We’re helping the food industry dispose of FOG

(fat, oil, and grease)

blocked sewers in 2022
blockages caused by fat, oil and grease
of FOG per business per year
spent on blockages per year

We’re working with food businesses like yours

See how one business in Devon has been working hard to ensure their kitchen staff dispose of FOG correctly – to help protect their business, the local community, and the environment.

Picture of a grease blockage
The fight against FOG

Why worry about FOG?

If FOG leaves your kitchen and enters our sewers, it solidifies and sticks to other items that shouldn’t be down there, like food debris and wet wipes. This can cause a blockage, stopping wastewater from reaching our treatment works. With nowhere else to go, this wastewater can travel back into people’s properties or spill out into the streets.
Picture of a full grease trap
The fight against FOG

How FOG problems can affect your food business

A FOG blockage can cause avoidable damage and distress – not to mention cost. This can affect your business through:

  • Lost sales because of foul odours
  • Forced closure because of vermin infestations or a sewer flood
  • The cost of fixing the blockage
  • Property damage repairs
  • Fines or prosecution because of a compliance breach
Two staff members at Plymouth Hoe
The fight against FOG

What we’re doing to help the food industry

We’ve teamed up with our colleagues at ECAS to visit food service establishments (FSEs) in Devon and Cornwall, especially those based in blockage hotspot areas. These are places where blockages have been causing repeated problems – a sign that commercial kitchen staff might be misusing our sewers in that area.


Who are ECAS?
Picture of a kitchen inspector
The fight against FOG

Our visits to commercial kitchens

If we visit your commercial kitchen, an environmental inspector will ask you to show them how you’re currently disposing of your FOG. They’ll check what grease-trapping equipment you have already and whether it’s sufficient for the type and quantity of food you serve. They’ll also recommend any further actions you must take to become compliant.
Picture of a pile of pound coins
The fight against FOG

Passing operational costs to food businesses

By law, food businesses must ensure their waste doesn’t block or damage the sewer network. If we’ve had to unblock or repair our sewers because you haven’t disposed of your FOG properly, we might ask you to pay for the costs involved.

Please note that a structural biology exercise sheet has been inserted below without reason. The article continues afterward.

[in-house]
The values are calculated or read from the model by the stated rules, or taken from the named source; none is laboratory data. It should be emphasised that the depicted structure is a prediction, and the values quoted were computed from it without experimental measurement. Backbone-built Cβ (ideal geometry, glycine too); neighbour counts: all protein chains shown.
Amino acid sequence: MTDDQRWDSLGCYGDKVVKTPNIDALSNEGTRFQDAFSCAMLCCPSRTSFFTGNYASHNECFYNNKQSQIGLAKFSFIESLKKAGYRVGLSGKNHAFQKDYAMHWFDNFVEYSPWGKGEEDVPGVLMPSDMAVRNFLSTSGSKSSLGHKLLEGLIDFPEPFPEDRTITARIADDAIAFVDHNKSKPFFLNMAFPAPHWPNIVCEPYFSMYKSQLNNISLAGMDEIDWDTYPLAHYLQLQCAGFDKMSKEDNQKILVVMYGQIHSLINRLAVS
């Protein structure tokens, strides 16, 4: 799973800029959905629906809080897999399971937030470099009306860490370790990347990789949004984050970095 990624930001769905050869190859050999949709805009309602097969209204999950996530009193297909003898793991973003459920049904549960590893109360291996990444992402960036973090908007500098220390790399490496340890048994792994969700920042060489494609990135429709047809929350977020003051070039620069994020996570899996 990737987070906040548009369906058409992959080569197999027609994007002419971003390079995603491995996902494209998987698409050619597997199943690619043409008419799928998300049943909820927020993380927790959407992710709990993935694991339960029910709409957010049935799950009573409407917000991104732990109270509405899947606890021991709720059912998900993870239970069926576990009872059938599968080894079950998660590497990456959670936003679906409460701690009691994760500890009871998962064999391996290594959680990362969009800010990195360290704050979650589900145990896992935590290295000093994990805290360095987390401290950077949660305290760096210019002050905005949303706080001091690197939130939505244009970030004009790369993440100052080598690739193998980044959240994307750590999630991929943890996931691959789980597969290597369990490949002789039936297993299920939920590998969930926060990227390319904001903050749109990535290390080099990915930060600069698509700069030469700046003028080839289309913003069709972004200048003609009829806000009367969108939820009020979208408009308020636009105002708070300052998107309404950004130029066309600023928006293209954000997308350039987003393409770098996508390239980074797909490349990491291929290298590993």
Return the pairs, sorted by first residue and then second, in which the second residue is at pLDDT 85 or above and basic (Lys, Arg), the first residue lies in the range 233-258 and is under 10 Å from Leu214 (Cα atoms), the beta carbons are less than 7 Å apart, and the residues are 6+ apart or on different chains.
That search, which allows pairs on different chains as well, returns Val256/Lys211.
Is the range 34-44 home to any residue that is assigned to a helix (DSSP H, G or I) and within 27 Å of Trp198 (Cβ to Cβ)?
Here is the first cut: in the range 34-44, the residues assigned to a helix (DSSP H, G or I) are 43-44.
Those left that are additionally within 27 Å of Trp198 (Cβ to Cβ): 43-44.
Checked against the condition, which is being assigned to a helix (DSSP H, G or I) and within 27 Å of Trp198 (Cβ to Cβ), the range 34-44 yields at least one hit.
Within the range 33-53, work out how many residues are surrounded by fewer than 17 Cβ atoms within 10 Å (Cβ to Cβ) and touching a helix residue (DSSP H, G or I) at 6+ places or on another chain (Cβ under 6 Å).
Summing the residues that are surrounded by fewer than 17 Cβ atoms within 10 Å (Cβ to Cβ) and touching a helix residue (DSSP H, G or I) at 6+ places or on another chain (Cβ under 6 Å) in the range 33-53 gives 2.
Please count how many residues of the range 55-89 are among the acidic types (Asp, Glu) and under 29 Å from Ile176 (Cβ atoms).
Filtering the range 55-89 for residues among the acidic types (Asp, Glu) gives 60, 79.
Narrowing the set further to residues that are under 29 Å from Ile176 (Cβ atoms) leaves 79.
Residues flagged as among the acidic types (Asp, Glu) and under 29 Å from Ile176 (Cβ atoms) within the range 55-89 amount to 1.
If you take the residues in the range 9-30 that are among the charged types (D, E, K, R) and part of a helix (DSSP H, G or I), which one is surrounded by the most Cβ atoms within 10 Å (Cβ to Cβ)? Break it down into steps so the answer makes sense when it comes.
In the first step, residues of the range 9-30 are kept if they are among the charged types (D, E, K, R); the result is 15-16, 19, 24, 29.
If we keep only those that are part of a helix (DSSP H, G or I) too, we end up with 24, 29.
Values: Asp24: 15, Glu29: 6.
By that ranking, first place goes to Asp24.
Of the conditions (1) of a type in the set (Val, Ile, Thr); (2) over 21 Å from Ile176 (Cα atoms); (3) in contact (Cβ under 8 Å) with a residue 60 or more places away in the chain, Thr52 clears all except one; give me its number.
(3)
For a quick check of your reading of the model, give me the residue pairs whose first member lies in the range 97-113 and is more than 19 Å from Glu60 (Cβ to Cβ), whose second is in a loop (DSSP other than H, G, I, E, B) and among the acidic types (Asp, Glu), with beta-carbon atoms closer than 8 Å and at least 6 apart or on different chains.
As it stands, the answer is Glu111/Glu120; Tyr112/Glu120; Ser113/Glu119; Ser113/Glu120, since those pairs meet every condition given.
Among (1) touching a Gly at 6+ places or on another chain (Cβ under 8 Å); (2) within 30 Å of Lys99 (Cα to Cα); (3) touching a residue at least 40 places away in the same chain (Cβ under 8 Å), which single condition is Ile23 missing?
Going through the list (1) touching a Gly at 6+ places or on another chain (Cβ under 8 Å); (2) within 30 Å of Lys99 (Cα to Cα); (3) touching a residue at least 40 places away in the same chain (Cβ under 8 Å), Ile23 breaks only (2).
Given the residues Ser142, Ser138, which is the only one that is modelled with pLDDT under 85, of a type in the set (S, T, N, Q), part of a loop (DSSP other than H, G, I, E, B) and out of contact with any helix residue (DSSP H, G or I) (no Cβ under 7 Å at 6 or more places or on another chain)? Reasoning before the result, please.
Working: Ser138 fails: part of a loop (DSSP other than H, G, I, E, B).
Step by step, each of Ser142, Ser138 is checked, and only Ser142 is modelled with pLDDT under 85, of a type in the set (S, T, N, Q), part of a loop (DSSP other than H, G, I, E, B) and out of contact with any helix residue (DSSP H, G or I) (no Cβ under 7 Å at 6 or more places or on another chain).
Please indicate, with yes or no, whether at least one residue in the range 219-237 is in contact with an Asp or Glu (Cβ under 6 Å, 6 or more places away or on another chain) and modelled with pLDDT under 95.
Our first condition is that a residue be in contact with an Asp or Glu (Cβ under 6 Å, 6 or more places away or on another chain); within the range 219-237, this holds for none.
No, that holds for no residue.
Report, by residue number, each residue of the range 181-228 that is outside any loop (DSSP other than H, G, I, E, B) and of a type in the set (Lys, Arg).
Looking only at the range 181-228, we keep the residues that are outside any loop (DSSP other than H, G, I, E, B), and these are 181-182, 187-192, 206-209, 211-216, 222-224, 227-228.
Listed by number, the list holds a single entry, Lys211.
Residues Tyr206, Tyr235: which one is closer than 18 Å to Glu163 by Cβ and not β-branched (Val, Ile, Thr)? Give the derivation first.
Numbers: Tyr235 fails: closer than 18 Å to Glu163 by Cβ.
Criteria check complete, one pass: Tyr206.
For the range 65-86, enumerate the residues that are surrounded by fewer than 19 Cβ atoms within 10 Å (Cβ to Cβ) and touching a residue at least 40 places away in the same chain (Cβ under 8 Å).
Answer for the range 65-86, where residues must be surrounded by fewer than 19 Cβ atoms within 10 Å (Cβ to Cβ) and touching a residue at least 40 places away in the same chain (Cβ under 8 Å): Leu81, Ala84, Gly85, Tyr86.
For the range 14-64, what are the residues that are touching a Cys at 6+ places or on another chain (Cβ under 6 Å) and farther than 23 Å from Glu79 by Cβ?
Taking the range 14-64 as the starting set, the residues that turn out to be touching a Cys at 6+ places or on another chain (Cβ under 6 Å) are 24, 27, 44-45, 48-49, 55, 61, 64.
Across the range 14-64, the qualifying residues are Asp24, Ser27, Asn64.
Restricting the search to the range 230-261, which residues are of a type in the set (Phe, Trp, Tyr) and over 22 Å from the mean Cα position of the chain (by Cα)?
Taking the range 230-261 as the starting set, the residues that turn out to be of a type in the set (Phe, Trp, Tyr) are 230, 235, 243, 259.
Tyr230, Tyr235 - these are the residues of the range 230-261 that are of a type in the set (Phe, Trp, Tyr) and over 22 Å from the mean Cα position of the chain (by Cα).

Know the legal position

Section 111 of the Water Industry Act 1991 makes it a criminal offence to put anything into the sewer which is likely to damage it, restrict or block its flow, or affect the treatment and disposal of its contents.

Know the legal position image

All about grease traps

A wide range of grease-trapping solutions is available to food businesses nationwide, including grease separators, passive grease traps, and grease recovery units.

As the name grease-trap suggests, they help trap your FOG so it remains in your commercial kitchen and doesn’t escape into our sewers. 

The Food Service Equipment Association worked with water companies to produce a handy guide to FOG management. You can read it by clicking the link below.

Guide to FOG management

Ways to change your kitchen practices to stop blockages

Picture of a clean grease trap
Make the change

Invest in the right equipment

  • Do use the right-sized grease trap, a sink strainer, a food filter, and a sediment peeler (if appropriate) to prevent fat and food debris – including starch and peelings – from going down the drain
  • Do connect dishwashers directly to the sewer network to bypass any internal grease traps you might have
  • Don't use food macerators as they put food debris into our sewers
  • Don’t use biological dosing systems as your only means of grease mitigation.
Picture of a full dirty grease trap
Make the change

Look after your grease trap

Taking proper care of your grease trap means it will work the way it’s designed to. Follow the manufacturer’s instructions for emptying, cleaning, and servicing your equipment. It’s worth building this task into your regular kitchen routine. You can then rest assured that the equipment is still removing FOG before it gets into the sewers.

Picture of oil storage containers
Make the change

Store your used cooking oil (UCO) safely

Did you know that many waste-oil recycling companies are prepared to pay a good price for high-quality used oil? Store your UCO safely (away from the drains) in a sealed container. Then, when it’s full, arrange for a registered waste carrier to collect it (keep the waste transfer note they give you as a record). It’s an easy way to make a bit of extra cash.
Picture of dirty plates
Make the change

Scrape and wipe before you wash

Scrape any food debris off dirty plates and pans into a bin and dry-wipe them before rinsing them or putting them in the dishwasher. This stops any residual grease and food debris from being washed down the drain and causing a blockage. Remember, cleaning wipes go in the bin too.
Picture of kitchen staff
Make the change

Train your kitchen staff

Train your kitchen staff to adopt and champion best kitchen practices to stop FOG from entering the sewers and causing a blockage. Put signage around your commercial kitchen to remind them what they should and shouldn’t be doing and explain the reasons why.

It’s not just FOG

Remember, if you use blue roll or cleaning wipes in your commercial kitchen, please put them in the bin after you’ve used them and not down your loo. Wipes, blue roll, and FOG can create fatbergs in the pipes that block our sewers.

It’s not just FOG image